The famous skull Mladeč 1, unearthed since 1881 in a cave in the Czech Republic, has been reconstructed into a realistic portrait by an international research team.
When it was first found, Mladeč was analyzed and classified as a male individual, who lived 31,000 years ago and is one of the oldest Homo sapiens – or intelligent humans, our species – were found in Europe.
The process of restoring the portrait of a girl in Mladeč cave – Photo: Cicero Moraes
New research, just published as part of the online book “Forensic Facial Approaches to Mladeč Skulls 1,” shows that gender determination by archaeologists 140 years ago has mistake.
“When the skull was analyzed individually, the features indicated it could be a male. But when research steps later compared the skull to other specimens found at the same site, the evidence was only limited. So it must be a woman,” Brazilian forensic graphics expert Cicero Moraes, a member of the research team, told Live Science.
They used information gathered from nineteenth-century excavations, combined with forensic facial reconstructions based on 3D scan data of the skull. This face reconstruction was tried by scientists in the 1930s but was unsuccessful because of technological limitations.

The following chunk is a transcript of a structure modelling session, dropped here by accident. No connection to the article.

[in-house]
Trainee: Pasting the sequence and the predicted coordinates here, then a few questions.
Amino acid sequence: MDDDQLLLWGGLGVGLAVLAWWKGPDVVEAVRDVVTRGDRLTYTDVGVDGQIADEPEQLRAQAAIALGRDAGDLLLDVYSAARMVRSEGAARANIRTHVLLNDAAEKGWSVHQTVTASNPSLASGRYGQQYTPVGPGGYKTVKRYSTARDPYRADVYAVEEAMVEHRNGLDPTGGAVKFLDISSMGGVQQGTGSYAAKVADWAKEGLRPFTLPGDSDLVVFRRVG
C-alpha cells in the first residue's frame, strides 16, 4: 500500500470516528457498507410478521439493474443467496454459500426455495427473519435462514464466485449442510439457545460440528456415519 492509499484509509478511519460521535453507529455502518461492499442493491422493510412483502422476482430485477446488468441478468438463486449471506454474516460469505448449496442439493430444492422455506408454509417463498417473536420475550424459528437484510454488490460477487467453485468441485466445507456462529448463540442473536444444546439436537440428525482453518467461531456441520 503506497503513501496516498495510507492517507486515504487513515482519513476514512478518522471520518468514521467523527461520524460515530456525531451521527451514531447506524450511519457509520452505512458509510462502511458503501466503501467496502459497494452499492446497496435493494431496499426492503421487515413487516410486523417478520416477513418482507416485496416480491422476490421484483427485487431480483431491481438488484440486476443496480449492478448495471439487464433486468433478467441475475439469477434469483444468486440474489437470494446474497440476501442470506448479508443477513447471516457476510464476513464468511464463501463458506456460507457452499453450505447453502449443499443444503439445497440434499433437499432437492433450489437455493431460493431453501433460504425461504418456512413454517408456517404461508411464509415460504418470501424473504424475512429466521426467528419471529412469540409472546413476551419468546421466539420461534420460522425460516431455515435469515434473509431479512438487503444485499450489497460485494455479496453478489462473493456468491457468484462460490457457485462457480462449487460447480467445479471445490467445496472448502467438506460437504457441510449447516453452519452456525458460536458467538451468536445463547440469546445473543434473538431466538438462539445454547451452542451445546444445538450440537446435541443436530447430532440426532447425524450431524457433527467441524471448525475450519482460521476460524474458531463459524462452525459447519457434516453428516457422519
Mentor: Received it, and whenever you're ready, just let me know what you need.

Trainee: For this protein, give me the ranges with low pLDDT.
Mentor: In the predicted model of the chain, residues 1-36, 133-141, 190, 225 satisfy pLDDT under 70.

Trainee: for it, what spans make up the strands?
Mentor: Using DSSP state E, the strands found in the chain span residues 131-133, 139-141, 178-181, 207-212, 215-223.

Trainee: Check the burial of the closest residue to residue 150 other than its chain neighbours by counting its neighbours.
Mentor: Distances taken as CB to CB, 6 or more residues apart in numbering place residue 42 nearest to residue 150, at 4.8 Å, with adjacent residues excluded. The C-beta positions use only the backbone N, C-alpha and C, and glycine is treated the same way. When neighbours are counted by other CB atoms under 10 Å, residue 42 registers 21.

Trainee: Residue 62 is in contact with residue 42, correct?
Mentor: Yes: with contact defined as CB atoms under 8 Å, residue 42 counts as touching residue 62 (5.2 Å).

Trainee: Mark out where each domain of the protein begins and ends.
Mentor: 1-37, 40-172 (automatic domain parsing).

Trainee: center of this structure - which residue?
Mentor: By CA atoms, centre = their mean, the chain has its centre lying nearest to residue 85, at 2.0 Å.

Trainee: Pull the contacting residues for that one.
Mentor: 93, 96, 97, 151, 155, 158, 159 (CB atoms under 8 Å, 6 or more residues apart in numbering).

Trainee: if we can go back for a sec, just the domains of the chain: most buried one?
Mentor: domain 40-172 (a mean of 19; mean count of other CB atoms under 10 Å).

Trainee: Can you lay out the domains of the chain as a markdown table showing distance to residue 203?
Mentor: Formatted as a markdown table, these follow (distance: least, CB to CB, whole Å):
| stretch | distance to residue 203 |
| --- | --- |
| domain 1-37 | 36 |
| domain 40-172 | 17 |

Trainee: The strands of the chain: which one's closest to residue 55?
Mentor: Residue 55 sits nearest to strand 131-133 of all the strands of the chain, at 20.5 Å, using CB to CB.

The team led by the Czech Cave Administration used up to 200 CT scans of modern humans and from different populations in the area found in previous archeology, to find Look for details that the remains don’t reveal, for example, predicting hair color, skin…
Portrait of a 17-year-old girl from 31,000 years ago – Photo: Cicero Moraes
The elaborate reconstruction steps to “apply” each layer of soft tissue to the skull, which were rendered in 3D in a computer, have slowly revealed the face of a very young girl, which, according to other research data, is estimated to be just 17 years old.
The girl who was sent “through the air” by scientists from the ancient world has quite tough features on her face but is still clearly a girl.
Mladeč Cave – Photo: INTERNATIONAL CAVE ASSOCIATION
Like her fellow humans at the time, she belonged to a hunter-gatherer tribe – possibly one of the first Homo sapiens communities to explore Europe – with mixed African blood and traits. Europe and Asia today.